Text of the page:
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A recent Gallup survey shows Hillary Clinton with a 64% favorability rating. She is the clear favorite for the 2016 Democratic presidential nomination. But why is Hillary so popular?
She came on the national scene in 1992 as presidential candidate Bill Clinton's feminist wife. Hillary saved his campaign by sitting stoically beside him on 60 Minutes as he admitted "causing pain in my marriage," but denied an affair for which there was recorded evidence.
Bill promised voters they would "get two for the price of one," and once elected promptly put Hillary in charge of health care reform. She botched it. Democrats controlled both houses of Congress, but her complex plan never made it to a floor vote. That debacle helped Republicans capture Congress in 1994.
An independent counsel investigating the Whitewater scandal subpoenaed her law firm billing records. For two years she denied knowing their whereabouts. Then, mysteriously, they turned up in her White House sitting room! Another independent counsel investigating the replacement of White House travel officers with Arkansas cronies concluded that Clinton made "factually false statements."
When Bill defiled the Oval Office with a tawdry affair with an intern, lied about it to the public and under oath, paid an $850,000 settlement to another accusing woman, lost his Arkansas law license, and was disbarred by the U. S. Supreme Court, Hillary stood by her man.
After he left office in a blaze of venal pardons, she won a U. S. Senate seat from New York as a carpetbagger candidate. Hillary supported the Iraq War resolution after asserting that Saddam Hussein had weapons of mass destruction, but opposed the successful troop surge in 2007.
She began the 2008 presidential race as the Democratic frontrunner. Her biggest campaign moment was a much ballyhooed comeback in New Hampshire after she cried and used a quivering voice at a press conference. Both Clintons played the so-called "race card" with controversial comments against Barack Obama, but the newcomer ultimately bested her for the nomination.
As Secretary of State, Clinton has seen Iran and North Korea steadily progress toward nuclear power status. Her "reset" with Russia failed miserably. She called Egyptian ruler Hosni Mubarak's regime "stable" shortly before it fell, and justified administration passivity in Syria on grounds that some considered its brutal dictator Bashir Assad a "reformer."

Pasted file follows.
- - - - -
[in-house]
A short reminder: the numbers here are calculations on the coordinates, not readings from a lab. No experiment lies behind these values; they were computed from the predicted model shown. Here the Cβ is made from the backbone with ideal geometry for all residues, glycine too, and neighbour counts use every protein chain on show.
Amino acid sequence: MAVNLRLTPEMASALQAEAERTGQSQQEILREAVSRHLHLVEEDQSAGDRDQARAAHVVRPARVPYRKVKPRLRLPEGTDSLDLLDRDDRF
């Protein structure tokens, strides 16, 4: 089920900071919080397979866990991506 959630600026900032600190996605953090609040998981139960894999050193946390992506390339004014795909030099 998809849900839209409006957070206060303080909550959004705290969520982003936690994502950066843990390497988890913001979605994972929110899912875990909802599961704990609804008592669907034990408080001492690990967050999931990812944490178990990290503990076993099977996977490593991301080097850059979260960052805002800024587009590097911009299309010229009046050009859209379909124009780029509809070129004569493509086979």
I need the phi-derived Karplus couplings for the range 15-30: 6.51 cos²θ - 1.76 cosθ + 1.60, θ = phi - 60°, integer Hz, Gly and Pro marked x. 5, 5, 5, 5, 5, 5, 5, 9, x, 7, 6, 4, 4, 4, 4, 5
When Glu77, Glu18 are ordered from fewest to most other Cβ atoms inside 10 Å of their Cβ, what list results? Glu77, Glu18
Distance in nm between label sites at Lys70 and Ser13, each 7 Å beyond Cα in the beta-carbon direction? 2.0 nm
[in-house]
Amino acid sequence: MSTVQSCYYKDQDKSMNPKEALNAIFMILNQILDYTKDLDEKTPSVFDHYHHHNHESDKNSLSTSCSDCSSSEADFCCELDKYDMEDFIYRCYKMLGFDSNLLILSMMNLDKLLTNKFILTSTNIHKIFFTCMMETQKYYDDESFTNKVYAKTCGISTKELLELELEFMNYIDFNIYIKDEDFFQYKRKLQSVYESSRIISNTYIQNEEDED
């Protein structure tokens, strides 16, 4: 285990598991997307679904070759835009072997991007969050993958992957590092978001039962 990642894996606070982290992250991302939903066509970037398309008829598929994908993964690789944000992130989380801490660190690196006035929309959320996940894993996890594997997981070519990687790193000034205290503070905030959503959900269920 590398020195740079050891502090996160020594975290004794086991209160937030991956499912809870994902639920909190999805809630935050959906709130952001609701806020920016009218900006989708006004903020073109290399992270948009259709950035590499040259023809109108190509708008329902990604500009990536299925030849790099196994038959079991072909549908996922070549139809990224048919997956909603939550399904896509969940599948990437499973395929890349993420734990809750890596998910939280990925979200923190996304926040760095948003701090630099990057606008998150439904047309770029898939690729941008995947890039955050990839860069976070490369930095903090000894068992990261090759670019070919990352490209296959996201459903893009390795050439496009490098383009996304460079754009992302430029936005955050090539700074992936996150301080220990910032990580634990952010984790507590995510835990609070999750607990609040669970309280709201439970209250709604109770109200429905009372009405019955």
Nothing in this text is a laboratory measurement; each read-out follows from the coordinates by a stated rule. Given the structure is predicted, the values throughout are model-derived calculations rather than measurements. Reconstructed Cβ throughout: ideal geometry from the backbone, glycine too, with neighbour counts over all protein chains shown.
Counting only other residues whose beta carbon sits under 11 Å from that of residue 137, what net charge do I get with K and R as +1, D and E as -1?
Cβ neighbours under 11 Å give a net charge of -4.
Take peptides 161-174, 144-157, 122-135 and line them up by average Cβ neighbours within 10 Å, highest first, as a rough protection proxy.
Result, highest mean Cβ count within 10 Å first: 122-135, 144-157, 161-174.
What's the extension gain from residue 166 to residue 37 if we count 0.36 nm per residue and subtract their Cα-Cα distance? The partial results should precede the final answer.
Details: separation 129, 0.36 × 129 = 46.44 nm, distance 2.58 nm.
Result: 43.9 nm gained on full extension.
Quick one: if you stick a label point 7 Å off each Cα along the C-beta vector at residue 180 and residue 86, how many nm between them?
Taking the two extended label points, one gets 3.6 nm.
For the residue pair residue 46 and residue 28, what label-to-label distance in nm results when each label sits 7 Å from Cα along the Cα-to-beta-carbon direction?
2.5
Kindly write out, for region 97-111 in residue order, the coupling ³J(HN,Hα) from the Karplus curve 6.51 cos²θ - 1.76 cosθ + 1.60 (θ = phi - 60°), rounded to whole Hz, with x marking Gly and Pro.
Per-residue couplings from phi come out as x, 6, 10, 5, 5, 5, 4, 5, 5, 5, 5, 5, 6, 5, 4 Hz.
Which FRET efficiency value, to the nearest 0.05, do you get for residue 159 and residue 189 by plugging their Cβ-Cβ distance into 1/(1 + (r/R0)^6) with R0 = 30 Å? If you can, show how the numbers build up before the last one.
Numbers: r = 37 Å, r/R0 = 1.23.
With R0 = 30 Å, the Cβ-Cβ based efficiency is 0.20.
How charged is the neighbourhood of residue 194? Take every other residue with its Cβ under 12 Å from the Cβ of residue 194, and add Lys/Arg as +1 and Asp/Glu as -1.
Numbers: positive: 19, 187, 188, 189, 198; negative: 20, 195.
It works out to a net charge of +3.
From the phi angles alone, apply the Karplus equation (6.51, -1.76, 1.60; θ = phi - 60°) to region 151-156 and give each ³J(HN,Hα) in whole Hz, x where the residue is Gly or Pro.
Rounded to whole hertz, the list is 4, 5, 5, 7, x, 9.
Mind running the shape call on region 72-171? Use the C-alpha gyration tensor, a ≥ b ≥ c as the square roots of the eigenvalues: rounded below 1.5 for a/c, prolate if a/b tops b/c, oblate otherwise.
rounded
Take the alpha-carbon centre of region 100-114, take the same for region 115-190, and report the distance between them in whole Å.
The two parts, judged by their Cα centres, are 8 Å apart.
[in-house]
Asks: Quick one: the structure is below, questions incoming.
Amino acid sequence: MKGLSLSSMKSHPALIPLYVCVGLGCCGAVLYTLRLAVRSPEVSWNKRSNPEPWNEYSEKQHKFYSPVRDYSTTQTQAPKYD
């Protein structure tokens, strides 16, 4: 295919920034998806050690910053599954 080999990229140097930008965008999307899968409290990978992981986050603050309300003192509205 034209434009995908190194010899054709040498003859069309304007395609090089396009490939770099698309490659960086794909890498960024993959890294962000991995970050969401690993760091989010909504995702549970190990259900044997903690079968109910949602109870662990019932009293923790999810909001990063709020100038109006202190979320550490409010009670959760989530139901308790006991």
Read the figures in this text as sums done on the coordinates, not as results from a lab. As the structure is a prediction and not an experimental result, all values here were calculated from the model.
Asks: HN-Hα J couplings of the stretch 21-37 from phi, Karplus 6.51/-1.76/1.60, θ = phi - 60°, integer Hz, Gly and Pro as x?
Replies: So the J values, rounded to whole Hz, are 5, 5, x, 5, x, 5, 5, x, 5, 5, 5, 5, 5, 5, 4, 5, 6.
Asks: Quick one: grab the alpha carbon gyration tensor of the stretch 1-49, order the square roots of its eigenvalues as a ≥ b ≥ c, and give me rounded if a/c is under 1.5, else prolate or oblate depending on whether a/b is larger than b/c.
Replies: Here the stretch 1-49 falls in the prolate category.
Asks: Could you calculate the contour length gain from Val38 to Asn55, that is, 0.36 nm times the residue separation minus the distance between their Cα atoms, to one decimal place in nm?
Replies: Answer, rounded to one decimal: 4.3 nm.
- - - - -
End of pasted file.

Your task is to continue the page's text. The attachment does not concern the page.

Requests for more security at the U. S. mission in Benghazi, Libya went unheeded on her watch. A recent report by congressional Republicans claims the administration made "a concerted attempt to insulate the Department of State from blame" after a mob killed 4 Americans there.
Clinton is now giving speeches for $200,000 a pop. She is admittedly experienced, smart, tough, and a political survivor. But her personality is not particularly appealing, her positions are run-of-the mill Democratic liberalism, and her list of actual accomplishments is meager.
So how does she command such a national following? Is it sympathy for suffering through her philandering husband's infidelities and lies? Is it nostalgia for the relative peace and prosperity of his scandal-plagued administration? Is it a desire to break down another barrier by electing a female president?
Obama undoubtedly benefited from a similar urge of some Americans to expiate national guilt for slavery and segregation by electing a black president. As we have seen, however, such sentiments, although understandable, indeed even admirable, are not the best basis for choosing a leader.
Perhaps it is that Clinton compares so favorably to the mediocre field of other potential Democratic nominees. Her biggest competitor for the party's nomination is the buffoonish Vice-President Joe Biden. Yet Clinton looked like a sure thing in 2008 until she went head-to-head against Obama.
Could New York governor Andrew Cuomo or Maryland governor Martin O'Malley upset the Clinton bandwagon in 2016? Maybe. In the meantime, politicians in both parties must marvel at her remarkable popularity.
John David Dyche is a Louisville attorney and a political commentator for WDRB.com.